Here’s a small example of what I’m talking about: In Mosul the Stryker armored vehicles U.S. soldiers patrol the city in have for some time now carried signs in Arabic warning other drivers that if they come within a certain distance deadly force is sanctioned. Whenever an Iraqi car came too close, the Stryker would sound an ear-shatteringly loud horn to warn them off, before ratcheting up into more extreme measures to defend against deadly suicide car bombers. Now soldiers are holding back on the horns and even sitting in regular deadlocked Mosul traffic with everyone else. On one patrol the Stryker I was riding in got caught up in a large chanting mob of students demonstrating against increasing fuel prices. While the waves of angry people added to the tension of sitting idle, the crew waited it out, and by doing so helped create an environment where people are less afraid to express themselves.
“We train hard to go hard, so it’s very challenging to get a young soldier to slow down, especially if he was in a vehicle that was hit by an IED the night before or if one of his buddies just got shot,” Kelly acknowledged. “But it’s necessary. The cumulative effect in the city of the little things we do on the ground to help or hinder people can be tremendous.”
In other words, it pays to make friends, especially in a city where human intelligence on insurgent activity comes almost exclusively from local citizens.
“The challenges soldiers are facing here today are similar to the ones soldiers had to face after the initial invasion when this went from a full combat situation where everything that came at you was a target to an insurgency that hides in the civilian population,” Capt. Lawson Bell explained. “Now as the insurgency hopefully winds down, building trust and bridges is going to require some vulnerability on our part and less of an offensive footing in some instances. You can’t gain trust if you never get out of the Stryker.”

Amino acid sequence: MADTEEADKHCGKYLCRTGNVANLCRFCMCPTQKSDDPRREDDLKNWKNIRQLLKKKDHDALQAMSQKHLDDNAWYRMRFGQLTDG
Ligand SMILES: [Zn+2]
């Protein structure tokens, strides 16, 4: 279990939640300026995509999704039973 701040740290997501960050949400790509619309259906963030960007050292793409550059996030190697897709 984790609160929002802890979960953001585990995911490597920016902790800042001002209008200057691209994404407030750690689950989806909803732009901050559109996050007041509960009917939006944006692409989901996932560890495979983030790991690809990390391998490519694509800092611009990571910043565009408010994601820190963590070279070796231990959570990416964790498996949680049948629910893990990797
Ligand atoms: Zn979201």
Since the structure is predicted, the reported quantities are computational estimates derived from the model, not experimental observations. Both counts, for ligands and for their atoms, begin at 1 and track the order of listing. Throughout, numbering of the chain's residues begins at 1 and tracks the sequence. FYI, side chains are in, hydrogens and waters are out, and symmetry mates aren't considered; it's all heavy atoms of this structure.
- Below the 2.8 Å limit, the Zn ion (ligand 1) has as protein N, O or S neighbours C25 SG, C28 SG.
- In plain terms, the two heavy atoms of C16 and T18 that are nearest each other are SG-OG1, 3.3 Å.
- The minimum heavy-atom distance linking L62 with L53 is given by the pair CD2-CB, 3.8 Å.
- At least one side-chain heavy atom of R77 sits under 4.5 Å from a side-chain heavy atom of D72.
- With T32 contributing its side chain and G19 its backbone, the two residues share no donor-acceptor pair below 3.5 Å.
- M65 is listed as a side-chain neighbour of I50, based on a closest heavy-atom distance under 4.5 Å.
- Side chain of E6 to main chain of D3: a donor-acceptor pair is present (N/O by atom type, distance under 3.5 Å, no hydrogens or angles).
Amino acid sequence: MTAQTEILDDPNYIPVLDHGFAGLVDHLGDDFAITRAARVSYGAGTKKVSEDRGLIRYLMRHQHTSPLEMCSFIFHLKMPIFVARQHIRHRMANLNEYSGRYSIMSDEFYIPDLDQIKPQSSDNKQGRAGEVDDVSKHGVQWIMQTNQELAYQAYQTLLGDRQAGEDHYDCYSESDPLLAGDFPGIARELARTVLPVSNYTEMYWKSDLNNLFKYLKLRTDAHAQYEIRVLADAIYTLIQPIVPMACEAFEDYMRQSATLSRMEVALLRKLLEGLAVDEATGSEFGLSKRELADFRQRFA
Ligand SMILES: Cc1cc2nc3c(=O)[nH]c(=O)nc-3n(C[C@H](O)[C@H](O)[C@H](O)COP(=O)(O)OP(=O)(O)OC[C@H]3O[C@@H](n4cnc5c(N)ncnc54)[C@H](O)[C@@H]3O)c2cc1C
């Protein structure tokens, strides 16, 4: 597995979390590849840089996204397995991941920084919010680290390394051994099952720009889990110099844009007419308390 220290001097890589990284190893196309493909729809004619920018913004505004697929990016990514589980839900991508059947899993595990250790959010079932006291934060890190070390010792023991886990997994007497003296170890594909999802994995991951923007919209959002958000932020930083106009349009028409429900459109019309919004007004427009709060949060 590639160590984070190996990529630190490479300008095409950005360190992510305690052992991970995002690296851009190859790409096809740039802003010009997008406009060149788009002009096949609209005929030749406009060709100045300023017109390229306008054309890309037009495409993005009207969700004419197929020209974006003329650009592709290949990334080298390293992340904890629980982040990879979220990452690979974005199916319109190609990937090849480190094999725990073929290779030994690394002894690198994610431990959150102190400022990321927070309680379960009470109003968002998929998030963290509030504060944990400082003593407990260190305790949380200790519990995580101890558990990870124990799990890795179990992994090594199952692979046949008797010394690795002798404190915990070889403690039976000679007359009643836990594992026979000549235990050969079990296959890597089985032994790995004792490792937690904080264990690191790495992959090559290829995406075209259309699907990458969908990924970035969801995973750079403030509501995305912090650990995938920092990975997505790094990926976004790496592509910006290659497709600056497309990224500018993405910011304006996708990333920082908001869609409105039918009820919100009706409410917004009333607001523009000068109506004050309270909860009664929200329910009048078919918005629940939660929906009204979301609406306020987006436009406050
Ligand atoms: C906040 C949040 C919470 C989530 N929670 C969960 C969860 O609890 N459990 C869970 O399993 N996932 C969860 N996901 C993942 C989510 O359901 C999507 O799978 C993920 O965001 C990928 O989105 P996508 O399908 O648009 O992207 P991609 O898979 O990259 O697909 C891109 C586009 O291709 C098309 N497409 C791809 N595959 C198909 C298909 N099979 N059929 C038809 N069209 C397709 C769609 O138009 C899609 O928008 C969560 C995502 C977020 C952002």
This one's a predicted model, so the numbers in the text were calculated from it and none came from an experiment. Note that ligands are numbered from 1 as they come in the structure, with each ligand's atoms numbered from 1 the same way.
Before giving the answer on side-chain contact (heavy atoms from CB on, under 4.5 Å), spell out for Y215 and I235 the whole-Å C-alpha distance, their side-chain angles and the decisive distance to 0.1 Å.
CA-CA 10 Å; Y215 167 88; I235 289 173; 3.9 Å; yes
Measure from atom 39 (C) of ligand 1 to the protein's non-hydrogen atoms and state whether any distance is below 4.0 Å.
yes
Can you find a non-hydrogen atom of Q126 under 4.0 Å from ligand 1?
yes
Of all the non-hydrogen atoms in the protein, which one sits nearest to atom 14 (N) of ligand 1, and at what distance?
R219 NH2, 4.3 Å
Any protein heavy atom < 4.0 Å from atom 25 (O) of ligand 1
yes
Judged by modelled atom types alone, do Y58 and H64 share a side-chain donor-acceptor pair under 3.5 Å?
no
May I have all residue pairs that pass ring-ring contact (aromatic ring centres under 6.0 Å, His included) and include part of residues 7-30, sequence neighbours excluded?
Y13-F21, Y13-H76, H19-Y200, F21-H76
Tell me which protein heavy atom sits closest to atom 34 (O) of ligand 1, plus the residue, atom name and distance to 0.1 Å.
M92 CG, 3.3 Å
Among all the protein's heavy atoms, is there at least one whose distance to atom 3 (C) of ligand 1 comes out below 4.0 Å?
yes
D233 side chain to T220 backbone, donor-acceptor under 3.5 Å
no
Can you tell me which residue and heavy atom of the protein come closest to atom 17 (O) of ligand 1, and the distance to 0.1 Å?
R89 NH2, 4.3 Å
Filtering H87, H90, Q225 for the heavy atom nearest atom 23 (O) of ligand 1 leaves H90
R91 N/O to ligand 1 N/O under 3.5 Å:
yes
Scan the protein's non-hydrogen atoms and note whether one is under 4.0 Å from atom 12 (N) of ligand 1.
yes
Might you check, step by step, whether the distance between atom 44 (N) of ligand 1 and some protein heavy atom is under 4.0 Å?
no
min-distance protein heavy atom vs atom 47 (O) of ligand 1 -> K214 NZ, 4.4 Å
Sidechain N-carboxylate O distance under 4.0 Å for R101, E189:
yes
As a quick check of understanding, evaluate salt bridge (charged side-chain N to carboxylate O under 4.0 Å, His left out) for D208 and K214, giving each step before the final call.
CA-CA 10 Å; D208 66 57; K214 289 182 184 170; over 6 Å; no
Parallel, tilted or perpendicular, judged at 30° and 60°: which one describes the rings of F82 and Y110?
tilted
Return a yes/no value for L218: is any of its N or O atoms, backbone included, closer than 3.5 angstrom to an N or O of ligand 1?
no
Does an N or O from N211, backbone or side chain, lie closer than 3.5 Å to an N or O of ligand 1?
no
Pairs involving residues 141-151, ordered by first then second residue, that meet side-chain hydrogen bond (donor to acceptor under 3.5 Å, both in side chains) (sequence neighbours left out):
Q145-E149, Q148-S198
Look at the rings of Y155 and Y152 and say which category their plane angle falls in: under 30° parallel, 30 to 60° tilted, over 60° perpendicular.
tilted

IT’S A TACTIC THAT’S WORKING. Ironically, the issue that might prevent U.S. troops from withdrawing from the city as quickly as they might hope is not lack of trust in American occupiers, but a lack of trust in those set to replace them. In Sunni sections of Mosul and elsewhere distaste for the occupation is oftentimes tempered by fears of Iraqi Security Forces excesses. One of the most frequent complaints I heard from Sunnis throughout Northern Iraq was that they believed many Sunnis were being detained based on false charges motivated by desire for revenge.
“Tonight, I’ll be going on a raid, looking for terrorists with the Iraqi Army,” Captain Ed Matthaidess explained to one Sunni who approached him with this concern during a patrol. The man gave the thumbs up sign and nodded his head in vigorous assent. “There is a legal process. I cannot just take someone in because I think he makes bad chai. Neither can the Iraqi Army. We have to go to a judge with evidence. And if we go, and I search the house and find nothing, chances are they won’t be taken in. If we do find something bad they will be tried by Iraqi lawyers and judges. Captain Matt doesn’t put them in jail. Representatives of all the Iraqi people put them in jail.”
“Let Americans arrest people, not the Iraqi Army,” the man said without missing a beat. “Americans are better. They are fair.”
“The Iraqi Army has to follow the same rules we do,” Matthaidess said. “Over time you are going to see less and less Americans patrolling your streets, and you shouldn’t be afraid. Iraqi Army and police are getting better everyday.”
The Sunni gave a half smile and crooked his head in a way that indicated doubts didn’t just linger; they fairly danced across his war-weary face.
While Captain Matthaidess is certainly right that Iraqi forces are improving, few claim things are perfect or that Sunni fears are completely unfounded. On raids and patrols, American forces still are often reining in sometimes overzealous Iraqis. Kelly was sanguine with regard to the progress and said some degree of patience would be necessary.